To become a registered nurse, an aspiring OB/GYN nurse can complete an associate’s degree in nursing (ADN) or a bachelor’s of science in nursing (BSN). Both pathways qualify graduates to sit for the National Council Licensure Examination (NCLEX) to become licensed registered nurses. That said, many employers prefer hiring nurses with four-year BSNs to nurses with two-year ADNs. Additionally, although many places will hire new graduates to work in obstetrics, many employers prefer hiring nurses with at least one year of nursing experience.
For a nurse wishing to pursue higher education, a nurse practitioner (NP), certified nurse midwife, or nurse anesthetist can work in OB/GYN nursing. The following words of advice from an obstetrics nurse on Reddit can help aspiring advanced practice registered nurses (APRNs) decide which path to choose:
“...I would look into midwifery!...I work in a practice with several WHNPs and they do 4 clinic days and 1 hospital…The midwives are our practice see gyn patients in clinic but primarily deliver babies and provide OB care. NPs never do deliveries, at least at my practice…If you did pursue an NP masters I would pass along that every WHNP I know has said they wished they did a FNP program because they wouldn’t be confined to the one specialty.” – Reddit user notlivinmybestlife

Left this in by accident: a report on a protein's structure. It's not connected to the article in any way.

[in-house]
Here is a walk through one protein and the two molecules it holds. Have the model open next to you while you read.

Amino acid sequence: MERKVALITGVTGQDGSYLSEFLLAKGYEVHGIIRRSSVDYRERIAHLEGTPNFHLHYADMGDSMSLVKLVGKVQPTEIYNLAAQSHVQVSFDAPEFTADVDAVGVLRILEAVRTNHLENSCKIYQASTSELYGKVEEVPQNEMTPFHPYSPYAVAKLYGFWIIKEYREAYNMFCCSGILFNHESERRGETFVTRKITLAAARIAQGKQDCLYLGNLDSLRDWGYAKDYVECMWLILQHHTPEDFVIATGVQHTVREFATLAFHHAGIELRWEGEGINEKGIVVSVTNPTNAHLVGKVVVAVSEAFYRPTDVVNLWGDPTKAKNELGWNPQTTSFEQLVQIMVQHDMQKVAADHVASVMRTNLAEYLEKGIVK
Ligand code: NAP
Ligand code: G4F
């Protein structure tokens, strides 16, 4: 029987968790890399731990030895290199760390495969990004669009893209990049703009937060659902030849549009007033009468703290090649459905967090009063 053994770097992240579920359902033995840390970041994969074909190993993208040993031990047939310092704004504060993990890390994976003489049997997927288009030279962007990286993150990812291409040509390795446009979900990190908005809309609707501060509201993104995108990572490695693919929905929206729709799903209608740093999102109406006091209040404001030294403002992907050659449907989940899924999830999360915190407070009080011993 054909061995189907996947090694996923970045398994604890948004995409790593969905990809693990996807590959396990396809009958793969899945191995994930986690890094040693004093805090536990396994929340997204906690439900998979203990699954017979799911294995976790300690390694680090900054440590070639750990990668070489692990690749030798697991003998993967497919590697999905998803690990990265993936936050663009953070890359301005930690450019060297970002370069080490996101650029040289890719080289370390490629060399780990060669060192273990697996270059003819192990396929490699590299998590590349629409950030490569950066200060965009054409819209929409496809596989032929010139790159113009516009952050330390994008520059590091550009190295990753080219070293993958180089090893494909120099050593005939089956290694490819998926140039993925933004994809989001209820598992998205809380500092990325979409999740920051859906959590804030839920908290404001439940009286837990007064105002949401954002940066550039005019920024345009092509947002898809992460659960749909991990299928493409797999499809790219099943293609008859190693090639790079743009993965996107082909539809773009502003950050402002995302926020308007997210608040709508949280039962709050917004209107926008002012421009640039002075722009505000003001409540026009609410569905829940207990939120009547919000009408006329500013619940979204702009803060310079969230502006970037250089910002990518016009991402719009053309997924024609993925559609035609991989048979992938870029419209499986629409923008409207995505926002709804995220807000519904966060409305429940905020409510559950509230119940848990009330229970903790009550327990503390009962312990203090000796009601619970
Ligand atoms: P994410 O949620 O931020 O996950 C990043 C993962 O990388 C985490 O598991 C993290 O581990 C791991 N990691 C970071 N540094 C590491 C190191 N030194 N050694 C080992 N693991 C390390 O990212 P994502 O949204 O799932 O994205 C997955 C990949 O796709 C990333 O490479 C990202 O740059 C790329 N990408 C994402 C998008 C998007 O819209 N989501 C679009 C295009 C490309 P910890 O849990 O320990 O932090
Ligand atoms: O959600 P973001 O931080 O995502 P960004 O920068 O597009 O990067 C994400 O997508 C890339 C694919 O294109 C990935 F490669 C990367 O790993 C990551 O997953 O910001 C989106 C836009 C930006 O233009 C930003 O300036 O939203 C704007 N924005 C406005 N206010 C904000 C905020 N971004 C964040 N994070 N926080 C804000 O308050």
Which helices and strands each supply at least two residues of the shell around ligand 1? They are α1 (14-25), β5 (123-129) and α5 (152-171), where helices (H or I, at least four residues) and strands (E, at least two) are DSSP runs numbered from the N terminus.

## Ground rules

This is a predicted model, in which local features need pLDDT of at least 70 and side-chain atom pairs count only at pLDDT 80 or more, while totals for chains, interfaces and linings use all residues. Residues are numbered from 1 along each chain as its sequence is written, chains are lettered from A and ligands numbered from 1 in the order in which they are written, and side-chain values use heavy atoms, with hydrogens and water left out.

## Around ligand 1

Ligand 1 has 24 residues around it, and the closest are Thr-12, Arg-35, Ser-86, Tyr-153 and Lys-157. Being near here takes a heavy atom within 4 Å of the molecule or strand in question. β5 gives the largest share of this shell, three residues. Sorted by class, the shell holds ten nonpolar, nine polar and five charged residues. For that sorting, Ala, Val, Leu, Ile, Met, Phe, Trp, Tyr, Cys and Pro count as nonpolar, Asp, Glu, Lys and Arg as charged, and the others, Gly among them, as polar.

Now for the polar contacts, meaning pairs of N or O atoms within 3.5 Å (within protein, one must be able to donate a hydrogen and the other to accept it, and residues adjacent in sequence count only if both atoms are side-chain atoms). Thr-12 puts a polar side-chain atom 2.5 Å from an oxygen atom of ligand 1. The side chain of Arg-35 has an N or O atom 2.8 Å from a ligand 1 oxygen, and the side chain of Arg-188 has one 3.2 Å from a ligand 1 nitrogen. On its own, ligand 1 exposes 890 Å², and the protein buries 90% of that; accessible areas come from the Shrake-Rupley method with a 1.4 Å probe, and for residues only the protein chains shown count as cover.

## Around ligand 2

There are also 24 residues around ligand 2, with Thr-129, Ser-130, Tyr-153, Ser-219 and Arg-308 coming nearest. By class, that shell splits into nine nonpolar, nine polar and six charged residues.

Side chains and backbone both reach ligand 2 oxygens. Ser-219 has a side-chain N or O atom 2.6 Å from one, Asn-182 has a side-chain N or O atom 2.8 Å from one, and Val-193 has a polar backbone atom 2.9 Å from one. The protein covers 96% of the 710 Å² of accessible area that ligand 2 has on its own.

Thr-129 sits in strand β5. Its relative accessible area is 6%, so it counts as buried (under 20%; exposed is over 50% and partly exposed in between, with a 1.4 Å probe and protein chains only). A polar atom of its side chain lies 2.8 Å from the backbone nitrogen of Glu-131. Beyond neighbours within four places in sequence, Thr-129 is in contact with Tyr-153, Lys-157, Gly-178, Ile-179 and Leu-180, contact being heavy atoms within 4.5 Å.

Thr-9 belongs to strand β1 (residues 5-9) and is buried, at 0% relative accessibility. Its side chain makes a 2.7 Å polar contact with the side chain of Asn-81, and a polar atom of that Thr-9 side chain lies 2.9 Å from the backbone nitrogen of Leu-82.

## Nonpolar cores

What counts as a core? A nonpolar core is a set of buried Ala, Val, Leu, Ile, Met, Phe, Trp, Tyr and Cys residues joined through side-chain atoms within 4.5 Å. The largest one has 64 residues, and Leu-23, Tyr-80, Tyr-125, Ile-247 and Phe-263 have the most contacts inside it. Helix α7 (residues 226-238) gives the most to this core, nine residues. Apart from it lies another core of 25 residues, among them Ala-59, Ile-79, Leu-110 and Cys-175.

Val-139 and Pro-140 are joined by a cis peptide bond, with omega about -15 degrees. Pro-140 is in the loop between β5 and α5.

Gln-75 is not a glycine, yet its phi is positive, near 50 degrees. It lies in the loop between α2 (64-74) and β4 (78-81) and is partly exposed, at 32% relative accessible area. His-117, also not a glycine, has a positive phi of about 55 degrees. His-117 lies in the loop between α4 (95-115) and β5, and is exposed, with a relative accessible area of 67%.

OB/GYN Nurse Certifications?
As is the case in most nursing specialties, obstetric nurses need to complete a cardiopulmonary resuscitation (CPR) course to obtain a certification such as the American Heart Association’s Basic Life Support (BLS) certification. Furthermore, since obstetric nurses may work in labor and delivery and mother and baby units, newborn nursing certifications such as the following are also recommended or may even be required for some jobs:
- Low-risk neonatal nurse
- Maternal newborn nurse
- Neonatal intensive care nurse
- Inpatient obstetric nurse
Any of these certifications requires having a valid RN license, working as an RN for at least two years, and accruing at least 2,000 clinical hours in the area.
The Inpatient Obstetric Nursing (RNC-OB®) offered by the National Certification Corporation (NCC) is particularly suited to nurses working or hoping to work in obstetrics since it focuses on providing care to women during the antepartum, intrapartum, postpartum, and newborn periods.
How Much Does an OB Nurse Make?
A nurse’s salary depends on many factors, including their level of education, work experience, certifications, and location. That said, the following figures can give potential OBGYN nurses an idea of the expected job growth as well as how much they can aspire to earn: